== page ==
The Benefits of Diversity in the Workplace

My music tastes haven’t changed much since my early-20s. I like 90s guitar-based stuff and I’ve mostly listened to the same few bands on repeat for the last two decades with only the occasional new act able to attract my listening attention. My ‘Spotify Wrapped’ (their successful marketing tool where users are presented – and encouraged to share – with their most played songs, acts and genres of the year) is not particularly diverse and has consistently featured Embrace, Oasis, James and Starsailor.

Last month, my teenage daughter and I embarked on a 500-mile round trip to watch her new favourite band who had made Manchester their most northerly gig on their first ever UK tour. Until January, I had never heard of the band (they’re called Greta Van Fleet, check them out!) and I listened to the support act (Marcus King) for the first time the day before we drove down.

Thanks to my daughter’s influence, and my subsequent enjoyment of the gig, over the last few weeks I’ve almost exclusively listened to (yes, you’ve guessed it!), Greta Van Fleet and Marcus King. Something that I wouldn’t have done had she not introduced me to them.   

In today’s ever-changing global environment, it is becoming more important for companies to actively seek hiring and retaining a diverse group of employees. Businesses with diverse employees are more profitable and effective because they are able to better adapt to the changing needs of a diverse client base.

Imagine that you are an Engineering Manager, recruiting a Senior Mechanical Design Engineer. You have gone through the recruitment process and whittled the candidates down to the last two. Both candidates are equal in qualifications and experience. One shares your view on the product development plan while the other has voiced some concerns about the materials you’re using, and the manufacturing process involved. Who do you hire?

‘Homophily’ is the name of the subconscious habit of surrounding yourself with people who we identify with. They think like us and behave like us.

Matthew Syed explored this in his book ‘Rebel Ideas – The Power of Diverse Thinking’. He said, “The problem with homophily is that it creates collective blindness. Even if a team is made up of highly intelligent individuals, if they all think in similar ways, they won’t be aware of what they’re not seeing. These blind-spots often aren’t the result of failure on any one individual’s part. They can arise from incidental factors we can’t control, like the culture we grew up in or who our university professors were.”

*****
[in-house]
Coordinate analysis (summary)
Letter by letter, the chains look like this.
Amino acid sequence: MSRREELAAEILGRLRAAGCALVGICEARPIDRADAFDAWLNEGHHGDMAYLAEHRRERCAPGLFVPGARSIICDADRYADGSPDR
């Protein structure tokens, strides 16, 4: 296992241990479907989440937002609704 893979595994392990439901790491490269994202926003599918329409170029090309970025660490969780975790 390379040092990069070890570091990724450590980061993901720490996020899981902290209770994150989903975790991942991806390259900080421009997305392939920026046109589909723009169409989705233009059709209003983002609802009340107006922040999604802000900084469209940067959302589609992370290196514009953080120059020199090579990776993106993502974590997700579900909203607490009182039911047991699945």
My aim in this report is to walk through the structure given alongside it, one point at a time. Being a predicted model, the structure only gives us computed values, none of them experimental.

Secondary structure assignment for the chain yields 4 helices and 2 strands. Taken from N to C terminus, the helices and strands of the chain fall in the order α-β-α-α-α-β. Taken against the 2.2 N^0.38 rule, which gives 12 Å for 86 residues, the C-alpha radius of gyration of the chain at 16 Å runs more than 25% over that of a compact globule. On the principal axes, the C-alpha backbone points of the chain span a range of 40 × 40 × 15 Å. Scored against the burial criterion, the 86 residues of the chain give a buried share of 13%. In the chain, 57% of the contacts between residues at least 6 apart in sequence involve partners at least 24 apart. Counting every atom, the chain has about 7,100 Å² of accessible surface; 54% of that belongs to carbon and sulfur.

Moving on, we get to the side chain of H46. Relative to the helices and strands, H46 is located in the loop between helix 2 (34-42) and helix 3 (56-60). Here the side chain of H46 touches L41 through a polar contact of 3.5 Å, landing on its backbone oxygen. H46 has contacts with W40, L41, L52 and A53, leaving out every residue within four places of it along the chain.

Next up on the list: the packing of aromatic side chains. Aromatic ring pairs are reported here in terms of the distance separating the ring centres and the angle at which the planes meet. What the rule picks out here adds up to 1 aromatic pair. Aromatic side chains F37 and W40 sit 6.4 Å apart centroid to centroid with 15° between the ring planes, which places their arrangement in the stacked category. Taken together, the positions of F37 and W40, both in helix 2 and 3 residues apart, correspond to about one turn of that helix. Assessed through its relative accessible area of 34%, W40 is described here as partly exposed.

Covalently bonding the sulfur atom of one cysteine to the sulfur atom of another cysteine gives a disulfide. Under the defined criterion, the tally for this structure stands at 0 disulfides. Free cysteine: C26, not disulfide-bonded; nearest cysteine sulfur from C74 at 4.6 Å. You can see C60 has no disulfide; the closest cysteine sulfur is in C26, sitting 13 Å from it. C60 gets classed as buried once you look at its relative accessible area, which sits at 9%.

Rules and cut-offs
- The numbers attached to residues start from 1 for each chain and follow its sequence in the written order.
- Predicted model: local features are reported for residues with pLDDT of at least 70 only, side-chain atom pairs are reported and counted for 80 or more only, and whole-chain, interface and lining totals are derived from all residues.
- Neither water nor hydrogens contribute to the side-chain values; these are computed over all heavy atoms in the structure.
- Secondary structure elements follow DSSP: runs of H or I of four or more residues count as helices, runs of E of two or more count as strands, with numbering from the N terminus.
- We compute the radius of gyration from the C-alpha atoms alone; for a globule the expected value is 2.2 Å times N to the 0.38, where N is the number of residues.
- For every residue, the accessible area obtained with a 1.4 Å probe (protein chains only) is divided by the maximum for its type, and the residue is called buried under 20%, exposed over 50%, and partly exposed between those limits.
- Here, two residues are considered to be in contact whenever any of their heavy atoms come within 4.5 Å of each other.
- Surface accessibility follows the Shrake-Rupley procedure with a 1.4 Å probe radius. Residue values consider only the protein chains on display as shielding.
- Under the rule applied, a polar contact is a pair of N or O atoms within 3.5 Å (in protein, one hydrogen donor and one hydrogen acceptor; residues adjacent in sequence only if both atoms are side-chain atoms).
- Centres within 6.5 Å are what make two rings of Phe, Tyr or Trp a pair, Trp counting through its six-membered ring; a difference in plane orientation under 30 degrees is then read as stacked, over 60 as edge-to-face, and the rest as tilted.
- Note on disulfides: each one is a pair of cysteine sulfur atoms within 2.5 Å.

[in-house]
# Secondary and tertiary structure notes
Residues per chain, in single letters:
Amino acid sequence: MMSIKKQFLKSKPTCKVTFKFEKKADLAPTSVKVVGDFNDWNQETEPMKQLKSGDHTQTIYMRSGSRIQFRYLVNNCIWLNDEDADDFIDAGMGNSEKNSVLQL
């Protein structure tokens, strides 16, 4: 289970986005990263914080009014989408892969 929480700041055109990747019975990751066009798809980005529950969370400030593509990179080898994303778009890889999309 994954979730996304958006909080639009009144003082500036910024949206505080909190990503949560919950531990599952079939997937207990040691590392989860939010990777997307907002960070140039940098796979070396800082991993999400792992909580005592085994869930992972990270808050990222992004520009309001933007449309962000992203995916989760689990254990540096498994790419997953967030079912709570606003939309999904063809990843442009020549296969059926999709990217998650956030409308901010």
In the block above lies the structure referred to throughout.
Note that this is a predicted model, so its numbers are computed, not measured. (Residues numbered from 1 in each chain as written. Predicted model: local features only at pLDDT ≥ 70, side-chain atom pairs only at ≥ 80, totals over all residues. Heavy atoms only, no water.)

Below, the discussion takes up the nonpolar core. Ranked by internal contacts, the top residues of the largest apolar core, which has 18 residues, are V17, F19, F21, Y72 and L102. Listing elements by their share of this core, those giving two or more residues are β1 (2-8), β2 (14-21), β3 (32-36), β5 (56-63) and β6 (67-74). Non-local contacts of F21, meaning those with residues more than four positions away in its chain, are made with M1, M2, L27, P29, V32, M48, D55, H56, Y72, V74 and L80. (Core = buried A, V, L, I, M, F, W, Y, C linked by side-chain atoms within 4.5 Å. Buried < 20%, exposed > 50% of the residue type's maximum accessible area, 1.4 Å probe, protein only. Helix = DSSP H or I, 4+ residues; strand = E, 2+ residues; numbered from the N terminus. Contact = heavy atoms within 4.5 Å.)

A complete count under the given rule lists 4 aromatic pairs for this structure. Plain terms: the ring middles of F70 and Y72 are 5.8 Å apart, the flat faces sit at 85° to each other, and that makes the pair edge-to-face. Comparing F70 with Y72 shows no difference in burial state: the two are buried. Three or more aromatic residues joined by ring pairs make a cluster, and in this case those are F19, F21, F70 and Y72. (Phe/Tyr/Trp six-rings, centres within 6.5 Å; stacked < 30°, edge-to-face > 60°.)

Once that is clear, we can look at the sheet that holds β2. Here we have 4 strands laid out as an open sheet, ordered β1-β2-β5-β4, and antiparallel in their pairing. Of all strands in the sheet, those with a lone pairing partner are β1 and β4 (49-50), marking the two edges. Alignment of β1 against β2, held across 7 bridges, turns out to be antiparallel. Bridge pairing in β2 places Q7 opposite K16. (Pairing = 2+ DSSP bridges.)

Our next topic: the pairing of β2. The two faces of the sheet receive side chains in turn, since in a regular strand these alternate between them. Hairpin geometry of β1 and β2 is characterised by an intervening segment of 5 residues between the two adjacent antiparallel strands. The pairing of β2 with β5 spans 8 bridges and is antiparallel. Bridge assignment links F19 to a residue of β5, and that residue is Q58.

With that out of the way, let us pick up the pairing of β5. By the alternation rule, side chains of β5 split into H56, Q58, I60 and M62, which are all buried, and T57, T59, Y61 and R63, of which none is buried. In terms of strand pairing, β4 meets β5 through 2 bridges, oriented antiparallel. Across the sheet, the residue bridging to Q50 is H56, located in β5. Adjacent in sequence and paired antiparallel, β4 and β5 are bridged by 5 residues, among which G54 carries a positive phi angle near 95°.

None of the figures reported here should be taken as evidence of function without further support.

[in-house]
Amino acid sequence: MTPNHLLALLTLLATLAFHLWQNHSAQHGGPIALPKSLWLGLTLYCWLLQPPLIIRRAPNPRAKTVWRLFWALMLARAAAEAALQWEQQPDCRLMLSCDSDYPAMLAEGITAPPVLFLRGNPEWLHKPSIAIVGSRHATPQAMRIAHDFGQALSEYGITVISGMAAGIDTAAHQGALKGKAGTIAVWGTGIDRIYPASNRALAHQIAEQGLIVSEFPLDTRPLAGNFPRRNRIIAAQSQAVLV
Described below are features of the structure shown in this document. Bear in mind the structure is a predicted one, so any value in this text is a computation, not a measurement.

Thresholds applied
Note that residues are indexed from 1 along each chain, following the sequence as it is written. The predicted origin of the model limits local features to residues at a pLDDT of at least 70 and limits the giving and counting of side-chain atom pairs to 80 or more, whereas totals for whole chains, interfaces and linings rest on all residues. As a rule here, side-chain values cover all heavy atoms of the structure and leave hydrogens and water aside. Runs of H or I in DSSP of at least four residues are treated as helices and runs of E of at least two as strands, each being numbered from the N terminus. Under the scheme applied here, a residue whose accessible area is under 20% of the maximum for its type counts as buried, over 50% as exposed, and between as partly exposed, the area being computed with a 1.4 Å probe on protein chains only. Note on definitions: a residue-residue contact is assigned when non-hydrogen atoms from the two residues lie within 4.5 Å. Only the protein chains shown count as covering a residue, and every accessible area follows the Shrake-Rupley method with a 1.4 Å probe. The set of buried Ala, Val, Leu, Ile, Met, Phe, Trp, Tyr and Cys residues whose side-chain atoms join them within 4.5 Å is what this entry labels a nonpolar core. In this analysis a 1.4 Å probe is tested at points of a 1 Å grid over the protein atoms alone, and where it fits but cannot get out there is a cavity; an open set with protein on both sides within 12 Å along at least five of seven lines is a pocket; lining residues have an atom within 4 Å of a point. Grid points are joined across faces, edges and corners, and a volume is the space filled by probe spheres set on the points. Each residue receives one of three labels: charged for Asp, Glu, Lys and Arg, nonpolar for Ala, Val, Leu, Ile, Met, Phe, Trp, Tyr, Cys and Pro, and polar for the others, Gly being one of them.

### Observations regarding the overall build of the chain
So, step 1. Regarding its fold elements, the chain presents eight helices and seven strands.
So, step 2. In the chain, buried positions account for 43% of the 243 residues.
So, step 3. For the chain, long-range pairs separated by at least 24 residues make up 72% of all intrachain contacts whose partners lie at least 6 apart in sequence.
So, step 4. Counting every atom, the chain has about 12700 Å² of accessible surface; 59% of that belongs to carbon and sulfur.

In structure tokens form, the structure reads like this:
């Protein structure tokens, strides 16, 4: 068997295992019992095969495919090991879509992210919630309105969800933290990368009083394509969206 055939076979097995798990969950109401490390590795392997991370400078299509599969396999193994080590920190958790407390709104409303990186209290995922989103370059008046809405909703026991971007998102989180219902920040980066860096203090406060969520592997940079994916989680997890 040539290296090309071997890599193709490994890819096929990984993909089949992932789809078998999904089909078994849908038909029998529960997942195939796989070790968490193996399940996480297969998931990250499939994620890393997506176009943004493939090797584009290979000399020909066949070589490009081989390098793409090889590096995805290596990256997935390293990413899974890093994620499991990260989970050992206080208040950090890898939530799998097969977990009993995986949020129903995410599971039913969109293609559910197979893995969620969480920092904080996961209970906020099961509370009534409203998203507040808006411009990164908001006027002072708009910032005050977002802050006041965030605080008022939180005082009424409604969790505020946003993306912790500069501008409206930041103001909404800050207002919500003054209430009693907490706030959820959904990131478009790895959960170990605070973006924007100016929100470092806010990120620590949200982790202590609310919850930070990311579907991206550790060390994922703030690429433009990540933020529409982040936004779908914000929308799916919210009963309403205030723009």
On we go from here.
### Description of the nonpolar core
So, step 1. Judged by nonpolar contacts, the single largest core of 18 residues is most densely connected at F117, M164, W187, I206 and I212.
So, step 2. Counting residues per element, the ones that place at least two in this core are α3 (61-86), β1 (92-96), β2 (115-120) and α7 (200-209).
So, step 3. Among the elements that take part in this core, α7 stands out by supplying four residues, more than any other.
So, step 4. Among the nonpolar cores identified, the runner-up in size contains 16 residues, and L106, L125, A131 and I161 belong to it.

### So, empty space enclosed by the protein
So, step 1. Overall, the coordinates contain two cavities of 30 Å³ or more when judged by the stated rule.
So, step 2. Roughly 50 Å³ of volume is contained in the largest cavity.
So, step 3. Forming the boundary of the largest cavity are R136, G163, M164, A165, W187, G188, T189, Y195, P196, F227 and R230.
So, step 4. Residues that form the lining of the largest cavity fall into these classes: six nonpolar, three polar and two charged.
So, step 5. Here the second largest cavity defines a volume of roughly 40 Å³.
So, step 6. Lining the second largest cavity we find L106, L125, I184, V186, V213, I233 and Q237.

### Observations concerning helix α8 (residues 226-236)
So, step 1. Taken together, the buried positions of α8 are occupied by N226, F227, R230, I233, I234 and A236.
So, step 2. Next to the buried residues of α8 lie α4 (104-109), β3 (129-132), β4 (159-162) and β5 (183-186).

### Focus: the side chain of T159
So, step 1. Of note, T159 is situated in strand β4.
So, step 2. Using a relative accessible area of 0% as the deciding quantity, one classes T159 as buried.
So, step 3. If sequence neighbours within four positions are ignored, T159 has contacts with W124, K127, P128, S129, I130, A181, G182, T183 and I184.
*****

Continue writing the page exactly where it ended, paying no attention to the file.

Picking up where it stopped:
While gender, race, religion and sexual orientation are often what we consider when we talk about diversity, ‘cognitive diversity’ is crucial to the success of a business. If you have two engineers, one male & one female, who have both studied at the same university under the same professor, they are likely to have similar thoughts on how to solve a problem.  

In a study by Deloitte back in 2013, the authors found that Cognitive Diversity can benefit organisations in the following ways:

  • It helps guard against groupthink and expert overconfidence.
  • It helps increase the scale of new insights.
  • It helps organisations identify the right employees who can best tackle their most pressing problems.

Have you ever been in a meeting where you disagree with what your boss has said but are too afraid to say anything or you have had an idea about the project that you are working on but have kept quiet because you’ve seen your manager rudely dismiss your colleagues’ ideas previously?

There is no point in having a cognitively diverse team if it’s only the voice of the leader that is being heard.

The key to cognitive diversity, then, is being able to utilise its positive effects.

Leaders must be able to develop environments where contrary opinions can be shared confidently. Individuals within your business, regardless of seniority, should be open-minded and curious and willing to embrace alternative ideas and viewpoints. Not every idea will be brilliant, but it may be the seed used to form a plan that could change your company.